All Those Opposed

It's no secret that bankers strongly oppose the Obama administration's regulatory restructuring plan.

Still, the rough reception members of the American Bankers Association gave a top Treasury Department official at a conference last week likely drove the point home.

After a speech by Deputy Treasury Secretary Neal Wolin promoting the plan, the trade group opened the floor for questions. But they mostly just got statements followed by enthusiastic applause.

"It seems to me like we're reinventing another disaster," said Steve Wilson, the chairman and chief executive of LCNB National Bank in Lebanon, Ohio, who objected specifically to the creation of a new consumer protection agency.

Under the Obama plan, the banking regulators would be stripped of consumer protection oversight and such power given to the new agency.

Wolin defended the plan, arguing the status quo has not worked.

"We have a consumer protection system that has failed," he said. "There is no question about that, and we need now to move to a different approach, to which consumers are looked after by somebody and that is their primary mission."

But the audience was not won over. "There's not one person in here who doesn't believe we need to put the consumer front and center," said Barrie Christman, chairman of Principal Bank in Des Moines. "We just have concerns about many of the approaches that are in your proposal."

Bunning Is Fed Up

Some pairs may never see eye to eye: Felix Ungar and Oscar Madison, Batman and the Joker, banks and credit unions.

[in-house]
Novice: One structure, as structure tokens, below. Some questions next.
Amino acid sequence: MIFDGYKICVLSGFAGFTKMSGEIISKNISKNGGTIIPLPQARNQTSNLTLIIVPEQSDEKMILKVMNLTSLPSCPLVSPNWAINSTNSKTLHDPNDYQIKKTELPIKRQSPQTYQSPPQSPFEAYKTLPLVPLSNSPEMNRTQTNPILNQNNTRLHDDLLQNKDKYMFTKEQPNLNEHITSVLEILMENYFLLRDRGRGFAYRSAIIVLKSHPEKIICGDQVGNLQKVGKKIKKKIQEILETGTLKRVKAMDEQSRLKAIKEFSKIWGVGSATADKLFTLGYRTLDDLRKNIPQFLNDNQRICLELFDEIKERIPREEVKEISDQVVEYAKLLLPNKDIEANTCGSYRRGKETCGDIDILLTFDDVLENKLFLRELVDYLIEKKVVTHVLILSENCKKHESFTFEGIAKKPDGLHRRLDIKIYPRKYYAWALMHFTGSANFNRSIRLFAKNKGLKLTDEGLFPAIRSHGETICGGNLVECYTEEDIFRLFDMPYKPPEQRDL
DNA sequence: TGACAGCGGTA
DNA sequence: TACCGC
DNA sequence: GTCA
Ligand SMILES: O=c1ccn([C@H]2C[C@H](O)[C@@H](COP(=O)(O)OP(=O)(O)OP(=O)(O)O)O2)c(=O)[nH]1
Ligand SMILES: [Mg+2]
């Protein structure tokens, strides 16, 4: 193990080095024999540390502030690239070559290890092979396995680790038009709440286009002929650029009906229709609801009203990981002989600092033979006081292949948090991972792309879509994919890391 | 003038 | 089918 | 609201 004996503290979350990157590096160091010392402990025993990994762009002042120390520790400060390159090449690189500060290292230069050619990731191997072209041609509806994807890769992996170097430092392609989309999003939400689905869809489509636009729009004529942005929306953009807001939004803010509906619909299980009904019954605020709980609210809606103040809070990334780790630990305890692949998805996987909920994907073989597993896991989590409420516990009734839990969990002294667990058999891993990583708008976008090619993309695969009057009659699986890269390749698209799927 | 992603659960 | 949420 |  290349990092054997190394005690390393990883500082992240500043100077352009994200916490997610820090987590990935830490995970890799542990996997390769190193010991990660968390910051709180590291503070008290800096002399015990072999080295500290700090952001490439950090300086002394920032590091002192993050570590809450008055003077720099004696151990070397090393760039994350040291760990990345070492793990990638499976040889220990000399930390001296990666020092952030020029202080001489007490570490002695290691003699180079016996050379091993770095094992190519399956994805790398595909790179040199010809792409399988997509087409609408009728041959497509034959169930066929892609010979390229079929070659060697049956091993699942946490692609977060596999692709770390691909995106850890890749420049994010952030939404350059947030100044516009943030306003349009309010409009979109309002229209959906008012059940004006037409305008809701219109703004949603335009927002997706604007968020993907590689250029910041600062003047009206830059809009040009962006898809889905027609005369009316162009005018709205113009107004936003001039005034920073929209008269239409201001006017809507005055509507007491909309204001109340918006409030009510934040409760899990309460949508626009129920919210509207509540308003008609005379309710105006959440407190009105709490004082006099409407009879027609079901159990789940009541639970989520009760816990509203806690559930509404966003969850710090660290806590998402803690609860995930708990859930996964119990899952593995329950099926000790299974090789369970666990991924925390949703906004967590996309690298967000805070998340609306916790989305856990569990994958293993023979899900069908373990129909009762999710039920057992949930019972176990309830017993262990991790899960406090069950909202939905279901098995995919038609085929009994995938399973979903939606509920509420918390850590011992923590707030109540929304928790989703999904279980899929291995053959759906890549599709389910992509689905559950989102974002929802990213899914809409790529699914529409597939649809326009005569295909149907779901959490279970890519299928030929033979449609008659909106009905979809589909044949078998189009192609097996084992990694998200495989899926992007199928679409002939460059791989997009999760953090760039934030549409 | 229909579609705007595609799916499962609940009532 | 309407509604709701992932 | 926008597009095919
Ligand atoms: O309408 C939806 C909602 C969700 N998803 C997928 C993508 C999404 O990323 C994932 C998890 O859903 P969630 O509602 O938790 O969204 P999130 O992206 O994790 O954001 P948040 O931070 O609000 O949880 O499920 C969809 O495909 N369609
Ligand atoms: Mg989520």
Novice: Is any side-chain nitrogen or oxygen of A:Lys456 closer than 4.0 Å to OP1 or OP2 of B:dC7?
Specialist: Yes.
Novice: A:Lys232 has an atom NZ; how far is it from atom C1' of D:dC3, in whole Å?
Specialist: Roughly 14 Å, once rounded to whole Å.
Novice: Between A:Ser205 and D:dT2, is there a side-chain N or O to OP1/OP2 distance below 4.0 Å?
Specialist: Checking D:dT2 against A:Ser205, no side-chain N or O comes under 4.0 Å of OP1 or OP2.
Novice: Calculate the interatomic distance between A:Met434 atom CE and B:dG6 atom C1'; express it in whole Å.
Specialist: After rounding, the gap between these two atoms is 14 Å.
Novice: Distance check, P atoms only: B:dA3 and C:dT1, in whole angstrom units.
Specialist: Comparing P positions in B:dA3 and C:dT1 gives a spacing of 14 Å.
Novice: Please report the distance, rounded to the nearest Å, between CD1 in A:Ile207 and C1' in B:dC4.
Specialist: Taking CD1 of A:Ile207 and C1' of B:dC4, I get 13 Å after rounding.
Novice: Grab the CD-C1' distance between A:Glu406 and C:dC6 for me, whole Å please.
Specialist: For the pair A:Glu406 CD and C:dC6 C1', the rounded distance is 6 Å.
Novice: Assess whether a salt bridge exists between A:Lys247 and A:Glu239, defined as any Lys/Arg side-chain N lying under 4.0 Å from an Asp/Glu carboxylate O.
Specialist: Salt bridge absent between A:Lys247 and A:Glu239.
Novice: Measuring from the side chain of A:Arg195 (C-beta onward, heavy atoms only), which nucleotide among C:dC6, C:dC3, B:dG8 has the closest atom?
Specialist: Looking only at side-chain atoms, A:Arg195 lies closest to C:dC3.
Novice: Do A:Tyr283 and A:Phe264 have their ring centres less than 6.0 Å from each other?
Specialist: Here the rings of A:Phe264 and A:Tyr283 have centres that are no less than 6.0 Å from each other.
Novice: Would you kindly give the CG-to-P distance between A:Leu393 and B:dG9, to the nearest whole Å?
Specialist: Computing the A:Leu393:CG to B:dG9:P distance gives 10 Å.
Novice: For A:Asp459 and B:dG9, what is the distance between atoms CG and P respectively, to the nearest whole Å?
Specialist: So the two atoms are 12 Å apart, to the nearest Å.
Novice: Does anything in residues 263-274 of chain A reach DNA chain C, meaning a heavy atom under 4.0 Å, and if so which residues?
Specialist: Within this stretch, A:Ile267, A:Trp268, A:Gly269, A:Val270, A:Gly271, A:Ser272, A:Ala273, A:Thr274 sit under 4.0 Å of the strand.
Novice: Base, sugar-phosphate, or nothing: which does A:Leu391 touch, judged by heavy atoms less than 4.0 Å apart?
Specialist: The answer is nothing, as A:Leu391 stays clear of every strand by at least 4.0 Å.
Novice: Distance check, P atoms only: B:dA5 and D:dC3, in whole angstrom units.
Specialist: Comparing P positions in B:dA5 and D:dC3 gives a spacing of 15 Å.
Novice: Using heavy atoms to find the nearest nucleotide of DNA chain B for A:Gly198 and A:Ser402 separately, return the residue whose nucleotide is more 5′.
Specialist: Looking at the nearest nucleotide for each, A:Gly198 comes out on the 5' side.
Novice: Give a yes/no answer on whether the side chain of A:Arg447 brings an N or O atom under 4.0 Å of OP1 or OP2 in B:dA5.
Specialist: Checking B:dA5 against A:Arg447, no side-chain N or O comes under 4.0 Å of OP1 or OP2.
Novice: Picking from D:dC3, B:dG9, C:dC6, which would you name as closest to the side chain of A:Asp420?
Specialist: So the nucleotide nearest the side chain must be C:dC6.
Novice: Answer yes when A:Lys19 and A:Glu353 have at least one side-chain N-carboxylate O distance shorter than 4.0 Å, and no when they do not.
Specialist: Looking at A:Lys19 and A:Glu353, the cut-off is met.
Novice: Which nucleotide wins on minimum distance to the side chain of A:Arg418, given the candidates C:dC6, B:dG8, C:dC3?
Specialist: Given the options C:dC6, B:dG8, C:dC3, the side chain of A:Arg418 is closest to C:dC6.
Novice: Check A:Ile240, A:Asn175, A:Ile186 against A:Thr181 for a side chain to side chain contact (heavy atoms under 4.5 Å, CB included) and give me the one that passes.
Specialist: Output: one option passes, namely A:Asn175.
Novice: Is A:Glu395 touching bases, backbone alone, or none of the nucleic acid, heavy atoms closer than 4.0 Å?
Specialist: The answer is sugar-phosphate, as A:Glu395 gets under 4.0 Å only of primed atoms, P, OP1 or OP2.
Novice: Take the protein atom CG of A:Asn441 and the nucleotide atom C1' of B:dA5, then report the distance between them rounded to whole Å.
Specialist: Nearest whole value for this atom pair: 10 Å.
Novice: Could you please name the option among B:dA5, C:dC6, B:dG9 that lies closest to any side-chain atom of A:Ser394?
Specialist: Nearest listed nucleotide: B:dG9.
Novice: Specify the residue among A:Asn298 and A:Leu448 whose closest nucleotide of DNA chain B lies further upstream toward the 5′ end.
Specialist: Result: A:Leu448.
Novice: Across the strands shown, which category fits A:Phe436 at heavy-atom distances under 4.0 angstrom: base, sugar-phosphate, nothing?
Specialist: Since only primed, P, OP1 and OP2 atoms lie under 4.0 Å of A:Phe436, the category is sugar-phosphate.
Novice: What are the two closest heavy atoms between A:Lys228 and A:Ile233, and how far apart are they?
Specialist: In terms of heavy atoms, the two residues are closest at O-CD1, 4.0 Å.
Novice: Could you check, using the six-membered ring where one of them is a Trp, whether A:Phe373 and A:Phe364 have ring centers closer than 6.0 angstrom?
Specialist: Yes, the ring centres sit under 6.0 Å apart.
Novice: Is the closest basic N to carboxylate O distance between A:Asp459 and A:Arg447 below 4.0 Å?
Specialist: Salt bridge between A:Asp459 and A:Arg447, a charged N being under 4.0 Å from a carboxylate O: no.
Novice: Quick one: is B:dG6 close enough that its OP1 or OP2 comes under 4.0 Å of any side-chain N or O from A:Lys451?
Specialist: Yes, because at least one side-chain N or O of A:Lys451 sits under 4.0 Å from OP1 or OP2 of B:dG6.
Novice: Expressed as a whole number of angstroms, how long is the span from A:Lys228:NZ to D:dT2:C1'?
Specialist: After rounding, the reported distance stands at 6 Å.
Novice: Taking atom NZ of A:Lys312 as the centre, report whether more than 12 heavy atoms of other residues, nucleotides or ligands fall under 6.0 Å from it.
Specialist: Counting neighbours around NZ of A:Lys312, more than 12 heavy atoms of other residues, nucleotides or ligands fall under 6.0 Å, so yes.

The same could possibly be said about Sen. Jim Bunning and whoever runs the Federal Reserve Board.

The Kentucky Republican's unrelenting criticism of the central bank was once again on display Wednesday when Fed chief Ben Bernanke gave his usual economic report — required by the Humphrey-Hawkins law — to the Senate Banking Committee.

Even when they agreed, the two were talking past each other.

Bunning pummeled Bernanke on questions from why the Fed did not allow more scrutiny of its workings to whether the central bank was overstepping its mandate. After citing a report by the bailout's inspector general that the government may end up spending nearly $24 trillion on the rescue, Bunning wouldn't let Bernanke defend himself. "That number makes all kinds of assumptions which are just simply not realistic," the central banker said.

Bunning responded: "They're not our numbers, sir. The IG is in charge of those numbers. Whether you want to fight the IG, that's your business. Don't fight with me about it."

Later, the senator asked Bernanke to give his definition of 'monetary policy,' and accused the Fed of stretching its meaning. The Fed chairman explained how Humphrey-Hawkins laid out key policymaking tenets of "full employment and price stability."

But Bunning cut him off, saying, "I know what the law is. I'm asking for your opinion."

Bernanke said: "I think that law is appropriate, and I follow the law."

Still Independent

It's a source of pride for the Independent Community Bankers of America that it's not that other trade group.

While the American Bankers Association represents institutions of all sizes, ICBA president Camden Fine has said his organization is "the voice for community banks in this nation."

But don't tell that to Sen. Richard Durbin, D-Ill., who blasted Fine's group for echoing its counterpart when it opposed mortgage bankruptcy reform in April.

"I think they have to take the word 'independent' out of independent community banks after that," Durbin, who authored the bankruptcy measure, said Thursday at a hearing on whether cramdowns should be revisited. "They're not independent anymore. They're part of the same operation."

Durbin said the ICBA, along with credit unions, blocked the measure even though it wouldn't apply to them. "They still joined with the [ABA] and said, 'We oppose it anyway.' "

In an interview, Fine confirmed there will be no name change.

"Rest assured that the Independent Community Bankers of America has no intention of dropping the word 'independent' from our association name," he said. "That's what we are. We're independent community bankers."

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